Thursday July 27th 2017
I joined the military for the same reasons as many, not just for what the glossy brochure said. It was a deep sense of duty and the privilege to work alongside some of the finest people I’ve known; knowing that all the training, dangers and challenges we face together will make a difference in the world. To be part of something more important than myself.
When I came out as transgender in 2010, each of these things was foremost in my mind. I was an operational search and rescue pilot with the Royal Air Force at the time.
People’s lives depended on our ability to work as a team. We were often called upon in terrible weather, day or night. There was no room for error. Winching our paramedic to a stormy cliff face at night was not the time for awkwardness to get in the way of crew communication.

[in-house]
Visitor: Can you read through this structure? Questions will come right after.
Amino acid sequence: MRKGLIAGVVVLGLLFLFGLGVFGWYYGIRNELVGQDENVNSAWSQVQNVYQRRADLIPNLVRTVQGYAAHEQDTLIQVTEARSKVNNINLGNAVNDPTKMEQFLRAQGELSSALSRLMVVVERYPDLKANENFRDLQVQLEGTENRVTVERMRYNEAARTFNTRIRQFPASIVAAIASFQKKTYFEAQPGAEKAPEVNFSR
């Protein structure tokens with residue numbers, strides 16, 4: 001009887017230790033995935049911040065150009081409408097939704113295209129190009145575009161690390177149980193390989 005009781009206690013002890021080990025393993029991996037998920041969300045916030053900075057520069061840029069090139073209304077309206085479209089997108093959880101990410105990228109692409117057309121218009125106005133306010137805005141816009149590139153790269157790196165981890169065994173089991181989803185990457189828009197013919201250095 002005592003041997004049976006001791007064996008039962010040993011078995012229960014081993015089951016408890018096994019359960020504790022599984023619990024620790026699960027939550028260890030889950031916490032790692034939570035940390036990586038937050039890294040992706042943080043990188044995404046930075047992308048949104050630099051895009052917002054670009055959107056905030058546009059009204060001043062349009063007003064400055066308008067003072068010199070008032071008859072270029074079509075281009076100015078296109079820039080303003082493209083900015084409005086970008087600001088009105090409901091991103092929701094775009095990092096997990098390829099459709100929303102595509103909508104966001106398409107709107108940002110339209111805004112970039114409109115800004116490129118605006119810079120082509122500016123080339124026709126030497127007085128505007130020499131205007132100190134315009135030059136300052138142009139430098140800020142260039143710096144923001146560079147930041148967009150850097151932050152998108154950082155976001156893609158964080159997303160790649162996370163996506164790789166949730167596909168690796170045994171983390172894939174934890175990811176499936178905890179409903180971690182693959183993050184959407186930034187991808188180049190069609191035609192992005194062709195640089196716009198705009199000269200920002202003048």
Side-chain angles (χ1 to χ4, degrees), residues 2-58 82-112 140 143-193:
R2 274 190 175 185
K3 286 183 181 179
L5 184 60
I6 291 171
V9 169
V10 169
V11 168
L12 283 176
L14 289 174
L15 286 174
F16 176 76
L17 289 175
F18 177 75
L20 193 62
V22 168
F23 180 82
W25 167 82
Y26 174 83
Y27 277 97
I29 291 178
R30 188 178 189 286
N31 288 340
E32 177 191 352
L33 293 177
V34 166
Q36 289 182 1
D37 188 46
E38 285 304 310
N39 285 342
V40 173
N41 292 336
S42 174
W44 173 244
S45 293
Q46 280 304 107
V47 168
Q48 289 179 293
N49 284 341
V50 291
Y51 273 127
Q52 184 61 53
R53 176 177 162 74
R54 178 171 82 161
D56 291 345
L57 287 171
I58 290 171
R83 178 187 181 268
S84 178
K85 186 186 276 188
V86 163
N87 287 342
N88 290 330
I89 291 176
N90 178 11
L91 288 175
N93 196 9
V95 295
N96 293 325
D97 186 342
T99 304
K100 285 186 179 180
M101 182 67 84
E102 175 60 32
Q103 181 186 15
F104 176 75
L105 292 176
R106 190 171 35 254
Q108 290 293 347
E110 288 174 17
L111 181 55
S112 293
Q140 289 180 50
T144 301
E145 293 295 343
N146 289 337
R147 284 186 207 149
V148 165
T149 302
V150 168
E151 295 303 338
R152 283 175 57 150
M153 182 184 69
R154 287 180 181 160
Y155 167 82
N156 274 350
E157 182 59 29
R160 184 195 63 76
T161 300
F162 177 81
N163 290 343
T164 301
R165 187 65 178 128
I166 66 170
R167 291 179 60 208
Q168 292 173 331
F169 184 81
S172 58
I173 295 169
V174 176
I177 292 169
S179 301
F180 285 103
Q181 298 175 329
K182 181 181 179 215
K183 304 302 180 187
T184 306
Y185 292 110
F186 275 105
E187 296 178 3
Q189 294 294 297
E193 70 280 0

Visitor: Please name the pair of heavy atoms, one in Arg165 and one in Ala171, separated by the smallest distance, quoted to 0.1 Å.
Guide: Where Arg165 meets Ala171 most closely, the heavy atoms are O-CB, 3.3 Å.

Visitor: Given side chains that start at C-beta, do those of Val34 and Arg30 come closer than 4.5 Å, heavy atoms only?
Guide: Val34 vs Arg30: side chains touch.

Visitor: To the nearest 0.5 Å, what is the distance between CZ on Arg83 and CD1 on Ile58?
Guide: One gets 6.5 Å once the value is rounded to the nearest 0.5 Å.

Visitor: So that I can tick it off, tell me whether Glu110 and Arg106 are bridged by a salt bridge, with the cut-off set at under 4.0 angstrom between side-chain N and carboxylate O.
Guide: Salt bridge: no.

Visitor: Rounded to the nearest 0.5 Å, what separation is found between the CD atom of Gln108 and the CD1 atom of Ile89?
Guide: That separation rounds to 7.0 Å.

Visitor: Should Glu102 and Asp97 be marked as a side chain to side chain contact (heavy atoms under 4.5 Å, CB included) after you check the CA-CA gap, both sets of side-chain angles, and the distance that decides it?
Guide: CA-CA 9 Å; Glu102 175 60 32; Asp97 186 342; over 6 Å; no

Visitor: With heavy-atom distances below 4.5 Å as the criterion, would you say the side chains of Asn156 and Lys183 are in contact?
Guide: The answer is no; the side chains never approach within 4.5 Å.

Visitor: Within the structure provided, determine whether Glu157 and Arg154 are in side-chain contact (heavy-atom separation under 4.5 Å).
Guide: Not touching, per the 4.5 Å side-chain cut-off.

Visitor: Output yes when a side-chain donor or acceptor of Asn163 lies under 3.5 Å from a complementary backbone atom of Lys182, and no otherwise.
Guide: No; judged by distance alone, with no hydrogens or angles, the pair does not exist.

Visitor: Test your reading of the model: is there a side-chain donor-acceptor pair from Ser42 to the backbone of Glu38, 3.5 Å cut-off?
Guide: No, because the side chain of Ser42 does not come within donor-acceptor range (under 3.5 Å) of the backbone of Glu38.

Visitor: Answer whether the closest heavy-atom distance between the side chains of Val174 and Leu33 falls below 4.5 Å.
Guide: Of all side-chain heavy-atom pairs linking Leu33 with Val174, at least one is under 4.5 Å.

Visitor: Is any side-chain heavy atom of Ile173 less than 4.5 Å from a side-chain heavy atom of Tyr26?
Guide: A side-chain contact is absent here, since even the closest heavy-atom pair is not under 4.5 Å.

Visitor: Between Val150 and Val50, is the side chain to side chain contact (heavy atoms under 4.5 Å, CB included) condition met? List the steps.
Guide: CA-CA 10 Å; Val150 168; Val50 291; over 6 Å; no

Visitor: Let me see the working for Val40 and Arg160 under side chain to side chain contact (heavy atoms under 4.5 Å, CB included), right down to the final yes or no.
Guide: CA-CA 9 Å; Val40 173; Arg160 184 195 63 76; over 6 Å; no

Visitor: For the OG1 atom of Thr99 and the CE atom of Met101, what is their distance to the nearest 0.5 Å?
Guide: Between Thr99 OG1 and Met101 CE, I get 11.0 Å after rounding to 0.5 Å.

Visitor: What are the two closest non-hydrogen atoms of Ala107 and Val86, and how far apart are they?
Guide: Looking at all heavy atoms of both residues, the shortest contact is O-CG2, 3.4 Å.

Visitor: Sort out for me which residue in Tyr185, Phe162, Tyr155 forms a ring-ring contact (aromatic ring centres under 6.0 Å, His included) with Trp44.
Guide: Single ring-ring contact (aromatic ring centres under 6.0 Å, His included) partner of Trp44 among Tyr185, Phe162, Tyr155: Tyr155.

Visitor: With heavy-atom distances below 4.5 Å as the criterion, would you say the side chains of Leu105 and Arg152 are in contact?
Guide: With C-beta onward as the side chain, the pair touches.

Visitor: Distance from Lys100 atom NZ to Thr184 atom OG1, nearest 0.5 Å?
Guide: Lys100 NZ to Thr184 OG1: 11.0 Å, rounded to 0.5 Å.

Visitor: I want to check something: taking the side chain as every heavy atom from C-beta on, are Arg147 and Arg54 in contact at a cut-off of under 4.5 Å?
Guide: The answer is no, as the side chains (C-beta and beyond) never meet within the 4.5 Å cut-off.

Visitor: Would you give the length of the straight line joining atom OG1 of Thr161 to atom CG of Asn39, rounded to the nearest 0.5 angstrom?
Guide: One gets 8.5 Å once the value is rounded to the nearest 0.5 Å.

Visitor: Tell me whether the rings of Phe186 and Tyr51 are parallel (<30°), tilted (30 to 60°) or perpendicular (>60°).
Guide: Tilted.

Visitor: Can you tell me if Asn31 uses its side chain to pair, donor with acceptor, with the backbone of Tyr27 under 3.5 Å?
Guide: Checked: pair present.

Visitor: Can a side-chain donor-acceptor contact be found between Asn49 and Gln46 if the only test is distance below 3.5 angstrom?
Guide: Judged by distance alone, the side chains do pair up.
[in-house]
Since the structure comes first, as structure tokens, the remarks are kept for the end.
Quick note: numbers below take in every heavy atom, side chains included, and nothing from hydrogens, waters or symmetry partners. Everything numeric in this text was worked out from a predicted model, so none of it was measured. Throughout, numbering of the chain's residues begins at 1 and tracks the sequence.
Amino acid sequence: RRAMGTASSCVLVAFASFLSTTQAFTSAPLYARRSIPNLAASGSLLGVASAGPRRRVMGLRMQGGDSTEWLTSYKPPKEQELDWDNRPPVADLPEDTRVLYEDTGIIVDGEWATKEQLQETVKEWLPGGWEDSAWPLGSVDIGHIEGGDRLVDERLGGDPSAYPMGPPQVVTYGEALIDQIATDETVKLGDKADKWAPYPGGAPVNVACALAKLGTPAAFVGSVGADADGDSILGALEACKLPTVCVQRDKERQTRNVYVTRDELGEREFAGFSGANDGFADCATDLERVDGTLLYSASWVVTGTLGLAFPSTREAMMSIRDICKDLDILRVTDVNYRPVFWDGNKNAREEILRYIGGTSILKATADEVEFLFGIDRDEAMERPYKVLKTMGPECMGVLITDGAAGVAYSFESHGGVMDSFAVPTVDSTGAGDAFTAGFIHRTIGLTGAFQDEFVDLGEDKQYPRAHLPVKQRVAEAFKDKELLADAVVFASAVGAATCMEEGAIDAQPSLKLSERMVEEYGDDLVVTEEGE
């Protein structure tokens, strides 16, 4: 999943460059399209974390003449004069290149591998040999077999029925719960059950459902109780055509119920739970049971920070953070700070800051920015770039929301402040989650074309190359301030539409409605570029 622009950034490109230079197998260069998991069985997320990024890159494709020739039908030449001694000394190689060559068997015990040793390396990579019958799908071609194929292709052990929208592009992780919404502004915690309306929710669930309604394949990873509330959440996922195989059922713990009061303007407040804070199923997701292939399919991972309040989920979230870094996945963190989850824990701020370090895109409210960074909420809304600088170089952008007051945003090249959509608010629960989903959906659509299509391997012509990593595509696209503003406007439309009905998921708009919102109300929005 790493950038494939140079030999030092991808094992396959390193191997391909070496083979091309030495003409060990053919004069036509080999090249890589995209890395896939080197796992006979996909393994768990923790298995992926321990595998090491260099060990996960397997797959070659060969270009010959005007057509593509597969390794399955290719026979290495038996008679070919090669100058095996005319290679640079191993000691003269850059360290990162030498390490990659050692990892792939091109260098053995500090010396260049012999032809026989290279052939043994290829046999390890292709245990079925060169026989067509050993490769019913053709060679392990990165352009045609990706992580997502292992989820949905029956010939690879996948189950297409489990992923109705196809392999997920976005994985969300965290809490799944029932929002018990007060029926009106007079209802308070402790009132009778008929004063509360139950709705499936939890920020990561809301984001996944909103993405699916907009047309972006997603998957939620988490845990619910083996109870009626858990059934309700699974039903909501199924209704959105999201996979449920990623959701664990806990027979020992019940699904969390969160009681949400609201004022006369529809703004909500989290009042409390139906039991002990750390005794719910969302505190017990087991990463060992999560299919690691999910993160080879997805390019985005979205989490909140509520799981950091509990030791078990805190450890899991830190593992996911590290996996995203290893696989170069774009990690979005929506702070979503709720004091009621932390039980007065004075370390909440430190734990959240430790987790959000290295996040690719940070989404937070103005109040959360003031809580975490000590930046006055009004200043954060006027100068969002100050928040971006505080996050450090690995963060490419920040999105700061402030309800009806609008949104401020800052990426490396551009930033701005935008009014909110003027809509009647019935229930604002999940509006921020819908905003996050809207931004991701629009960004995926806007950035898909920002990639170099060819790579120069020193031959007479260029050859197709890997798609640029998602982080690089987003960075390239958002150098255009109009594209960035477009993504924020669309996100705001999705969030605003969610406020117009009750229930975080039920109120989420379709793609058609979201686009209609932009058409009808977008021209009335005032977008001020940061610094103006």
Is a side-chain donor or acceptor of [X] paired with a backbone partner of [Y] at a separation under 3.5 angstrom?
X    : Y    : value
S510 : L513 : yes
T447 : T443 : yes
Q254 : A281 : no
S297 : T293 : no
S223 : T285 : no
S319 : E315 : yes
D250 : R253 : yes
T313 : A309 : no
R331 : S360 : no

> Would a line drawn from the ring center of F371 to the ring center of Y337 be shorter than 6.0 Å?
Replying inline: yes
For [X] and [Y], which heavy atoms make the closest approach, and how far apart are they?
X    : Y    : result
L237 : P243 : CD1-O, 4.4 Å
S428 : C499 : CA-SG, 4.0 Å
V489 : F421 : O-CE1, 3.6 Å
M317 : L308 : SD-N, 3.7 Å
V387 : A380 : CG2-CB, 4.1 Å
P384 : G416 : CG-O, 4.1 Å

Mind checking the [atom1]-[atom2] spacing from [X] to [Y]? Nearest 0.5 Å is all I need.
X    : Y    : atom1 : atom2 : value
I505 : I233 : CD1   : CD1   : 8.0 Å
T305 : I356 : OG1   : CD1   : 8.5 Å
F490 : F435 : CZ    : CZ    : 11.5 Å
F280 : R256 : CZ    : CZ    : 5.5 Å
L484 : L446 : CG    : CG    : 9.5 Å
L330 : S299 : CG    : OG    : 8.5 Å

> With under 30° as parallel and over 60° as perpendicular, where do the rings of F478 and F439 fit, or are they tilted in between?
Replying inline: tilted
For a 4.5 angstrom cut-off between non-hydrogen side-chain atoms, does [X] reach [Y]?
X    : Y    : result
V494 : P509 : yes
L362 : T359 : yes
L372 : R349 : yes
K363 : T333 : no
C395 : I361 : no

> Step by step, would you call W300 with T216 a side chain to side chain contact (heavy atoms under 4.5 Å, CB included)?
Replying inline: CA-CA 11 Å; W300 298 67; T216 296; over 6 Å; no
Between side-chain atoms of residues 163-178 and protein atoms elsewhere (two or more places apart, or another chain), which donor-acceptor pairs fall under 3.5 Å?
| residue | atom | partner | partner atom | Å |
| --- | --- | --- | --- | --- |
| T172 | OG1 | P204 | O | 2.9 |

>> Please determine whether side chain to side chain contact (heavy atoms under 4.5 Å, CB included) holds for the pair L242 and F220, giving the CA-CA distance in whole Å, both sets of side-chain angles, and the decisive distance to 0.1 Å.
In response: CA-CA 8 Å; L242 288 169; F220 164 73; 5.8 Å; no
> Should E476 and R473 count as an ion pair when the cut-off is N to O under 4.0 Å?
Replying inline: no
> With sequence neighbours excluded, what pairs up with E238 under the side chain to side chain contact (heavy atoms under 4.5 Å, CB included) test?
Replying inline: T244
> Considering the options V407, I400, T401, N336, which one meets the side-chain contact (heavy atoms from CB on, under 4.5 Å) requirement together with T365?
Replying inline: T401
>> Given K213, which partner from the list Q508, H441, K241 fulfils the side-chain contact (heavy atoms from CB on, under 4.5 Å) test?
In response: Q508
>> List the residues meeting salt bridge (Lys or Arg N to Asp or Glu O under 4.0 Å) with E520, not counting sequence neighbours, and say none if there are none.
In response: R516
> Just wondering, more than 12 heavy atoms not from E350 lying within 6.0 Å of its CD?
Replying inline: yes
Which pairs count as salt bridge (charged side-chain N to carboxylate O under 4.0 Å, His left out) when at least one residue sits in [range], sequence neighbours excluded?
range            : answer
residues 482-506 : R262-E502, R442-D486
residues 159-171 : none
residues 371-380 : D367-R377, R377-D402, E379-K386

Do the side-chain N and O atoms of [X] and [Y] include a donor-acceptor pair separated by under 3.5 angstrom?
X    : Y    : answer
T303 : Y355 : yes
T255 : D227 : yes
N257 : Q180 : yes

We were also on shift for 24 hours at a time, with just four of us on that day’s crew. In all senses, you just had to get on well. I wasn’t going to let something like my gender get in the way of my work and my colleagues absolutely deserved my professionalism.
In many ways, this clear focus on the task helped my colleagues and I overcome any potential eggshells. Doing the job mattered more than whether one of us was trans. Certainly, the people we rescued cared little if one of the crew was trans. Working with the men and women of the SAR community has been one of the greatest privileges of my life, and I will always be thankful that no one let fear of difference get in the way of that and all we achieved.
Being trans wasn’t something I could avoid, though I had tried almost to the point of breaking for 27 years. Eventually I had no alternative than to accept myself. Hiding myself from the world was costing too much.